Our work is grounded in the idea that we are a learning institution.
Best practice at Children’s Discovery Museum involves testing our hypotheses about children’s learning to find out if children interact with our exhibits in the ways we intended, and whether they seem to have the kinds of experiences that we thought they were going to have. We have a long history of prototyping all of the exhibits we build to make sure children are both physically and mentally engaged in their learning. Often, this process introduces our exhibit developers to ways that the exhibit can be improved because children look at things differently than we do.
As valuable as children are to our research, they aren’t the only ones who help us hone our craft. For over 16 years, a team of cognitive psychologists from the University of California Santa Cruz (UCSC), led by Dr. Maureen Callanan, Ph.D., have partnered with us to conduct research on how children develop an understanding of their world through everyday interactions.
Prototype testing for our Mammoth Discovery! exhibit began even before we started fabricating exhibits. UCSC researchers gathered information from questionnaires regarding parents’ depth of science knowledge and their comfort level with talking science with their children. From the very beginning we wanted to create an exhibit that was rich in content, substantiated by thorough testing and research, and accessible to audiences of all backgrounds.
After conducting this underlying research, we were ready to begin testing actual exhibits. There were three phases of prototype testing, each designed to test different exhibits. For each phase, the UCSC research team, composed of independent study students under the direction of Dr. Callanan, would come to the Museum on Saturdays and set up cameras and microphones to capture family interactions with the exhibits. All research was conducted with parent or guardian permission and no child was filmed or recorded whose family did not approve.
The researchers collected data for three to six weeks before returning back to their labs to parse down the video footage into individual family interactions. For each phase, Dr. Callanan would then report back to our exhibit development team (fondly named the Lupe Team) to share important quotes, exciting findings and significant challenges.
All of our exhibits undergo a very similar prototyping experience. Our Senior Exhibit Developer, Sara DeAngelis, believes the collaboration for our Mammoth Discovery! exhibit was “incredibly powerful” because we were able to use our longtime collaboration with UC Santa Cruz and the depth of scientific knowledge from the paleontology staff at University of California’s Museum of Paleontology to create an exhibit based on scientific evidence and genuinely focused on the audience.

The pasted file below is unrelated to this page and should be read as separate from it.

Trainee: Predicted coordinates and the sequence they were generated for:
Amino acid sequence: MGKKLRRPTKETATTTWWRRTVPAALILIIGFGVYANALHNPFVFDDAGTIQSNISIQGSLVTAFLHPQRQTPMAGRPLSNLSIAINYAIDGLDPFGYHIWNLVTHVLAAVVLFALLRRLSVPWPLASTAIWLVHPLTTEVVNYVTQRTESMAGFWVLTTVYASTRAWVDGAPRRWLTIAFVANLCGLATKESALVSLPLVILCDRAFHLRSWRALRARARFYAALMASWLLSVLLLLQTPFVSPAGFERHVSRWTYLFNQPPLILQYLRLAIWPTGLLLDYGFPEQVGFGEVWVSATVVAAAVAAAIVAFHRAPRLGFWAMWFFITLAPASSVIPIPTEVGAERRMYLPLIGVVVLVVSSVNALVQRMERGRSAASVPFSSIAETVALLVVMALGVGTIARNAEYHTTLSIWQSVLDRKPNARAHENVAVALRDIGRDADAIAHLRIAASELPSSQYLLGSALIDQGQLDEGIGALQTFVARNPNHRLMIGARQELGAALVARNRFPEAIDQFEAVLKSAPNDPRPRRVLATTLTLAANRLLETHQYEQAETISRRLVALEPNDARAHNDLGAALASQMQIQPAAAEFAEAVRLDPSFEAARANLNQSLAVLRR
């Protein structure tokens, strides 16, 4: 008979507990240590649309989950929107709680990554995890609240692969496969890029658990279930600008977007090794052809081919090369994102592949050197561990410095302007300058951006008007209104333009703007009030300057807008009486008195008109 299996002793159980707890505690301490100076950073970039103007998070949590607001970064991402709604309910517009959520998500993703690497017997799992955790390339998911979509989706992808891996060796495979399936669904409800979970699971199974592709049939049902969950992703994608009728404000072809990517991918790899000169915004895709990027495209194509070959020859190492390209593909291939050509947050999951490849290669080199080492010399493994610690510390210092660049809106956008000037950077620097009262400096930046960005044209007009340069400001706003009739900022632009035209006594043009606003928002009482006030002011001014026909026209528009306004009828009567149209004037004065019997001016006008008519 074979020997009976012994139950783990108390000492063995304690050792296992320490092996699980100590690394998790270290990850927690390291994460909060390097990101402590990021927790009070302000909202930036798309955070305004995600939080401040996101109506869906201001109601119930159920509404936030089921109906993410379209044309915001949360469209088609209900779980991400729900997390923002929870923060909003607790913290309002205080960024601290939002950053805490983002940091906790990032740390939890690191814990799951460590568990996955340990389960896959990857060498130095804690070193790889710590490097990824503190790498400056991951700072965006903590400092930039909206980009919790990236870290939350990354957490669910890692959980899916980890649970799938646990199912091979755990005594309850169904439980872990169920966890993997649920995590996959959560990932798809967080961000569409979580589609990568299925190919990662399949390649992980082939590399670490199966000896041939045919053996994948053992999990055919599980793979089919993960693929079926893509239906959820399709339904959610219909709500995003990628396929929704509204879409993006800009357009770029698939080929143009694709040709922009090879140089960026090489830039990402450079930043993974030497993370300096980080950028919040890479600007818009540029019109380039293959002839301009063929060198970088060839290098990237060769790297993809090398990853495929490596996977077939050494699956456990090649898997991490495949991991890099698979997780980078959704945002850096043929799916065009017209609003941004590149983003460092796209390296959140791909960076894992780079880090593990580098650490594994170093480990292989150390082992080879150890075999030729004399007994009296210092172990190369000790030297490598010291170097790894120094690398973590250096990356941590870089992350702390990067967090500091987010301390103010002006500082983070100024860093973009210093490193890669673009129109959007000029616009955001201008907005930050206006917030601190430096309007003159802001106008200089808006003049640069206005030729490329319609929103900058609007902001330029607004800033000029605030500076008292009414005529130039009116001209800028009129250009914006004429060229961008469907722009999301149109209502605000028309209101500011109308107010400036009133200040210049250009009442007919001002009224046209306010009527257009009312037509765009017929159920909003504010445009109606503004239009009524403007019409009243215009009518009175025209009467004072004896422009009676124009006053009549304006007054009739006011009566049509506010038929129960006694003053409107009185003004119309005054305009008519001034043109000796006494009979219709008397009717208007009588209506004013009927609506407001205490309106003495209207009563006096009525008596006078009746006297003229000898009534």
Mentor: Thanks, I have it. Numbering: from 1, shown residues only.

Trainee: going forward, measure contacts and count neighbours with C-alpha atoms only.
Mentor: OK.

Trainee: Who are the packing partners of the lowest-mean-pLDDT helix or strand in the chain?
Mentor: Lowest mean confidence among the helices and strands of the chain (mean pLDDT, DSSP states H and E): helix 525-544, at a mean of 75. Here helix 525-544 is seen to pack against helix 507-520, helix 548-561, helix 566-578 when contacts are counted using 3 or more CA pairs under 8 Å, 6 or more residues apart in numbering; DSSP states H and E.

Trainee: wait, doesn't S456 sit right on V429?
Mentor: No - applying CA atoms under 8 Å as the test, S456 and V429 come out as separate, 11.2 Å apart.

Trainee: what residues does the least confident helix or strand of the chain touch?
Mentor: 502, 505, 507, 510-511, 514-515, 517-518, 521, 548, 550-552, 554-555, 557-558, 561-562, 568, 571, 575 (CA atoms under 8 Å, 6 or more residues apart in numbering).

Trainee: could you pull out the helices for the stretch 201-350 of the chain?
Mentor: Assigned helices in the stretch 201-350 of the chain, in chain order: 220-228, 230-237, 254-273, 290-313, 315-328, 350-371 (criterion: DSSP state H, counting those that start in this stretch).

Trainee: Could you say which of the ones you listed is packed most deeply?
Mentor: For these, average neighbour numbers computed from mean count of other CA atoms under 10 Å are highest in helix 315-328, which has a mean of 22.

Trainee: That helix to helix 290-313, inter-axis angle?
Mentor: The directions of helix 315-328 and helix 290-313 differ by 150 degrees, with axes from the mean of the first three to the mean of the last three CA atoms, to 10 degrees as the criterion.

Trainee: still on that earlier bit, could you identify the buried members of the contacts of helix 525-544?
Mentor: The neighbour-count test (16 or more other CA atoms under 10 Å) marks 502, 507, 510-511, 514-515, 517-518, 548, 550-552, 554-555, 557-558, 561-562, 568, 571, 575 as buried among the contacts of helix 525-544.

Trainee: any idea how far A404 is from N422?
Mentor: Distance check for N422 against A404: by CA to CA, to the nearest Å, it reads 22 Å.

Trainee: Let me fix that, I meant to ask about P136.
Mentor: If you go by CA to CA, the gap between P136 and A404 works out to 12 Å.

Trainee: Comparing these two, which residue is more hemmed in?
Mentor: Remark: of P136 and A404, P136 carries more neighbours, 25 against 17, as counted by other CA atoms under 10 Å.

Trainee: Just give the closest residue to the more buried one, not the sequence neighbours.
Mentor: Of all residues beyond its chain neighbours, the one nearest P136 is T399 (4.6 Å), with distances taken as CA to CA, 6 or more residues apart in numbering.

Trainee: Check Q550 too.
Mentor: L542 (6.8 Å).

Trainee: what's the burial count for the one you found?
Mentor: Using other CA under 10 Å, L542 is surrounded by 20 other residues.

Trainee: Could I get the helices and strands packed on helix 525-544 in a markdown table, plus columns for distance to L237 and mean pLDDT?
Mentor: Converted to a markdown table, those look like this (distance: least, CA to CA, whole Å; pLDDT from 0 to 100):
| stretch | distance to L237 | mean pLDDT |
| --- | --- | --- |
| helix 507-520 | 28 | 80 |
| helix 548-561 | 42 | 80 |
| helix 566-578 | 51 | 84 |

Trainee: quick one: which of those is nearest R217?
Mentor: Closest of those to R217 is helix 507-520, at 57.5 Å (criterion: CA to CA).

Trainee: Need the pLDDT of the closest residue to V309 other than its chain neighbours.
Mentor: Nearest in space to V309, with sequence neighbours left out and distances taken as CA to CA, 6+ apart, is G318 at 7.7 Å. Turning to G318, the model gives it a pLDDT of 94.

How Research Influences Development
Our Mammoth Discovery! exhibit has three content areas, modeled after the processes that scientists go through. The entire exhibit is designed to help children make discoveries, find out more about them and tell a story based on their explorations. One of the exhibits is designed to help children tell their own stories about things that they have discovered about mammoths and San Jose. Using a series of thin wooden cards, each depicting scenes of Silicon Valley long ago or recently, children can create their own stories to share with their families.
During the prototyping process for this exhibit, the initial rendition of the story sequencing presented the story cards on a table with a slanted board resting on a large ridge. Next to the cards was a small button that, when pushed, cleared the story cards from the board by dropping them down below, essentially, deleting the cards. After the first round of prototype testing, the researchers from UC Santa Cruz shared that while families were putting stories together, they were afraid of the “delete” button and in fact, many felt they were doing something wrong.
After this initial research, our exhibits team created a second rendition of the story sequencing exhibit, this time with a magnetic board that held the story cards in place. This time, our prototype testing indicated that, while the “fear” of interacting with the exhibit was gone, families were not telling as many stories and they were not very engaged with the exhibit. The third round of prototype testing introduced a bench large enough for both a parent and a child to sit together in front of the stories which were again presented on a slanted board. This time, instead of a “delete” button, our exhibits team extended the length of the ridge to allow more room for the extra cards.
Our ultimate goal is to create exhibits where families are engaged both physically and mentally in their learning. Each of our exhibits undergoes a similar process to make sure that families are having the meaningful experiences we’re hoping for. This process is certainly time intensive, and many museums don’t have the resources to conduct the research and build prototype exhibits to test and re-test, but for us, and the partners who’ve helped make this process possible, it’s a great opportunity to bridge academic research with everyday life for a positive and fun influence on the community.
Have you ever wondered just what a psychology research lab looks like? A Google image search yields millions of photos of bare rooms with white walls, tables, computers and researchers wearing lab coats. Technology aside, these images aren’t much different than that of Indian University’s 19th century research laboratory, featured on the left. Research labs are designed to maintain the controls in a study to allow the data collected to be as accurate and precise as possible, which explains why they often only involved the bare necessities needed to conduct the research and nothing more. But what do you do when you want to explore social or cultural nuances within your study? If you’re cognitive development psychologist, Megan Luce, you conduct your research at our Museum.